A little ways into Wild, Cheryl Strayed talks about how the idea became a plan – based on seeing a book in a store and deciding to buy it. She kept thinking about this book on hiking the Pacific Crest Trail. That is somewhat how I found Wild. Last fall I kept seeing it pop up on Amazon, saw it in the window of my neighborhood bookstore (yes, those still exist). I needed a break from the Goldfinch and couldn’t think of what to read that was new. But this kept coming up.
I was laughing on page one. I was cringing a few pages later. The hike is only part of the story – the rest is Strayed’s life story. I’ve heard people who haven’t read the book try to describe it. I wish they’d stop. It’s not like reading Bill Bryson. It’s not a story of her hiking. It is a story of her healing from a life that seemed to crumble suddenly and fall away. It’s a story of finding yourself, finding yourself when you need it the most.
Let me get this out of the way, in case anyone was not already aware of this: the book is always better than the movie.
Strayed’s relationship with her mom was unique – the story of her childhood – an abusive, alcoholic father, siblings to watch out for, a new start in a house without running water or electricity – this is the definition of a close family. At some point that family comes apart though.
In her early twenties and faced with the sudden loss of her mother, Strayed’s life starts to spin out of her control. She leaves school, splits with her husband, runs away, starts using heroin, and watches as things slip slowly, then quickly out of control.
So how’d she end up hiking? A frequent question she’s asked in the book, but I never felt compelled to wonder myself. When everything falls apart, the most obvious solution is to start over. Everyone does this in their own way. Some people need to get lost to find their way again.
She keeps thinking about this book she saw in a shop. After saving up everything she can from a waitressing job, she, somewhat haphazardly, prepares for an 1,100 mile hike that will take her several months to complete. She contemplates how she’ll be alone – and while she is alone on the trail much of the time – she also finds new friends along the way. Anyone who has ever traveled alone knows, you’re never really alone unless you want to be. To be fair, on a trail like she was, yes, some of the time there is no other choice.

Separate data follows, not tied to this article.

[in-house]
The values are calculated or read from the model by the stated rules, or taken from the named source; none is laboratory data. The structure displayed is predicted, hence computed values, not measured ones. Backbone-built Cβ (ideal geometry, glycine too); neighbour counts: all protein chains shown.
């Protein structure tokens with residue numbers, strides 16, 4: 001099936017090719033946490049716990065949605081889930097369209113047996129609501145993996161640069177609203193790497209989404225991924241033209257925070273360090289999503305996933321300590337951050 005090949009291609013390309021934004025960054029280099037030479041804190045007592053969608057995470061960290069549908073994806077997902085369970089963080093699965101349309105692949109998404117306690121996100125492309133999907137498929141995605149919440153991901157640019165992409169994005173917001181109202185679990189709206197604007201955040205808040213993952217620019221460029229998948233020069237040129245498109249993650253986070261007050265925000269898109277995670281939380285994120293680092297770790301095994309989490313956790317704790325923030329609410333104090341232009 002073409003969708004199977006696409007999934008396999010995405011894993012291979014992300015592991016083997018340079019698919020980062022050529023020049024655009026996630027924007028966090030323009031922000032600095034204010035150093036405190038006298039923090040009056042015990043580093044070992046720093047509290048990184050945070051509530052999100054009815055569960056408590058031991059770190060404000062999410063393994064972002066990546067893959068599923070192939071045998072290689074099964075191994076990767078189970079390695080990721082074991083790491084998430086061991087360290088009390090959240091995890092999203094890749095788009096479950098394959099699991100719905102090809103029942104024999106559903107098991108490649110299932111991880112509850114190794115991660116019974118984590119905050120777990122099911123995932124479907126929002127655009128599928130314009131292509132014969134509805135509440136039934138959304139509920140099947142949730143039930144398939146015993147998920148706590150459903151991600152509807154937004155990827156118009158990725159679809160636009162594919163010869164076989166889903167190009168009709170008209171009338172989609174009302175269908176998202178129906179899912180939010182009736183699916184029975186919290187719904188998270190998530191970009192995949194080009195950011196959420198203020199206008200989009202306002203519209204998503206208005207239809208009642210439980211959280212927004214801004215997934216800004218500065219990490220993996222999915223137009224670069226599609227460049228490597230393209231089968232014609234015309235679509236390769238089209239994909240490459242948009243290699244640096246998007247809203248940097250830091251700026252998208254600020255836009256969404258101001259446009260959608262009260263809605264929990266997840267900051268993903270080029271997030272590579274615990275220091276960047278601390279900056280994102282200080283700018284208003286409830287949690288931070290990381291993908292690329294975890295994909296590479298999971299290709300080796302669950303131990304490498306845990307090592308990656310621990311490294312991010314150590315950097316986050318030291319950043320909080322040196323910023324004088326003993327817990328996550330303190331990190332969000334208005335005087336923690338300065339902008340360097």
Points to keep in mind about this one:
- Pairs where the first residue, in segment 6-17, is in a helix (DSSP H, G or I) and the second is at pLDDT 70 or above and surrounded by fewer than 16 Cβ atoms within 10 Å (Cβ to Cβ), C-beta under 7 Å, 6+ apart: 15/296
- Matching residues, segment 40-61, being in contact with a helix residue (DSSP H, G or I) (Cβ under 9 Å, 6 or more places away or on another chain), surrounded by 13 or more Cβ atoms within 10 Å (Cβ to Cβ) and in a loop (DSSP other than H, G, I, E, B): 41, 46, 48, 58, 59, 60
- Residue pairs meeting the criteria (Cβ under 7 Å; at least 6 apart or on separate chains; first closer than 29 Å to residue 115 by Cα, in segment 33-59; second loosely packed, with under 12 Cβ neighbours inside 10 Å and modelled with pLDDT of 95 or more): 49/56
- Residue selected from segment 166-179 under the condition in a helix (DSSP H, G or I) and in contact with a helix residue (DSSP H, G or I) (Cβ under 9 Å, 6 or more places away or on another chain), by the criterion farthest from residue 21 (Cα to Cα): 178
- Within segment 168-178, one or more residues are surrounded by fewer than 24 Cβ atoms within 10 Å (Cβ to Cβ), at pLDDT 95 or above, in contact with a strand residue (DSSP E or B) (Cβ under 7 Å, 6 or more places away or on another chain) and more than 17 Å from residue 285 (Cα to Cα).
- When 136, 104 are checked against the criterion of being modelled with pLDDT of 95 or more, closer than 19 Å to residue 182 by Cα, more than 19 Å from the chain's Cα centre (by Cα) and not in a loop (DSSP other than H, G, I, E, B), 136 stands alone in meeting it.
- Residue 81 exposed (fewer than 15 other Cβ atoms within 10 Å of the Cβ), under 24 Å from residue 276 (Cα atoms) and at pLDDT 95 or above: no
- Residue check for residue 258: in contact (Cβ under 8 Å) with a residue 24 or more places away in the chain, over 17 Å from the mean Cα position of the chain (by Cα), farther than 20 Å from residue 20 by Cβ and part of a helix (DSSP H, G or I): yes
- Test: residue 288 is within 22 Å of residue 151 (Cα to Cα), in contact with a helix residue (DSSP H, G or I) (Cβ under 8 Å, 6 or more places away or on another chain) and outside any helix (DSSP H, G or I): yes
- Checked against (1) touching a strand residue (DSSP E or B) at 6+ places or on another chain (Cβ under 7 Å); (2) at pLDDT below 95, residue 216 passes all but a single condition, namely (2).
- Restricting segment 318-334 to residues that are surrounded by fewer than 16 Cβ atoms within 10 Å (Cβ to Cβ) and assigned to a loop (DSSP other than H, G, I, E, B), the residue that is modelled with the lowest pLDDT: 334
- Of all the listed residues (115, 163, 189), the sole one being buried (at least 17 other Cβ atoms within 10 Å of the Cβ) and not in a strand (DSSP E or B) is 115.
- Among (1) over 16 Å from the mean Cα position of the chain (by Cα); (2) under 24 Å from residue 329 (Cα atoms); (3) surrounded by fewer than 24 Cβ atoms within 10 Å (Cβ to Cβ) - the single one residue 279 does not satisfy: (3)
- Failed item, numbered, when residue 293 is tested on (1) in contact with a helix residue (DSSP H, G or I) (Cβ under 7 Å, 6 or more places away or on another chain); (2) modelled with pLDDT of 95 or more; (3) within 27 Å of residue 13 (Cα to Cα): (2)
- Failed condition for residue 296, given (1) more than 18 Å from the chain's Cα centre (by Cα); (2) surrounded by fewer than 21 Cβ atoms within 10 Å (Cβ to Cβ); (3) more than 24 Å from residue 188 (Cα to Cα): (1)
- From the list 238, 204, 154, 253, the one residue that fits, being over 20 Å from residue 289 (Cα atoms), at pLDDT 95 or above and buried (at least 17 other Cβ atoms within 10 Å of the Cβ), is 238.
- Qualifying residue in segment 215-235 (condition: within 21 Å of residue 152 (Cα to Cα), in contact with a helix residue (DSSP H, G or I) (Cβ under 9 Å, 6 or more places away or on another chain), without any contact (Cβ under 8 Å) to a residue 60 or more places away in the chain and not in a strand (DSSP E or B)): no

There is a constant fight in her head – is this strength or insanity to do this? I believe it was strength – knowing there is a lot to deal with mentally, she does what most people would never do – voluntarily chooses to be alone with her thoughts to get through all that happened. Between her mother’s death and her starting the hike, the one thing she didn’t really do was process and move on. She reacted by trying to run away, feel something else, fill a void with anything.
The other big fight going on as she walks: how does she move on? Can she forgive those around her? Can she forgive herself? Accepting a painful past, and moving forward without regret is a tricky thing to accomplish. What does it mean to forgive anyone?
Caring two big loads – the backpack overfilled with unnecessary items, and the past she is trying to process – not just the loss of her mother, but of the siblings who are now so distant (literally and figuratively), the father who vanished when she was a child, and the stepfather who walked away at the loss of his wife, the end of her marriage and – what most people forget to ever think about – her relationship with herself – figuring out who she was on her own and what that meant moving forward – on the trail and after.
The books is written with gritty detail, making it so visual I cringed and closed my eyes with the loss of each toenail, and grimaced through each description of shooting heroin. Strayed seems to do this, not for entertainment, but to show in as much reality at possible, what this life was like – the current (1995 on the PCT), and past.
Since seeing the movie I’ve been wanting to give a little comparison. The book seems to translate so well into a movie – the snippets of her past seemed to flash by though. If you hadn’t read the book would you understand what was happening – how that piece of the puzzle fit into the whole? How each part of her past led her to the PCT and a three month hike? It’s possible I pay much more attention to such detail than the average person – especially when I’ve read the book. The movie was good – and it included some of my favorite parts of the book – a boot disappearing off the edge of a mountain. I laughed out loud knowing there was no way that could be good. And that was how the book began.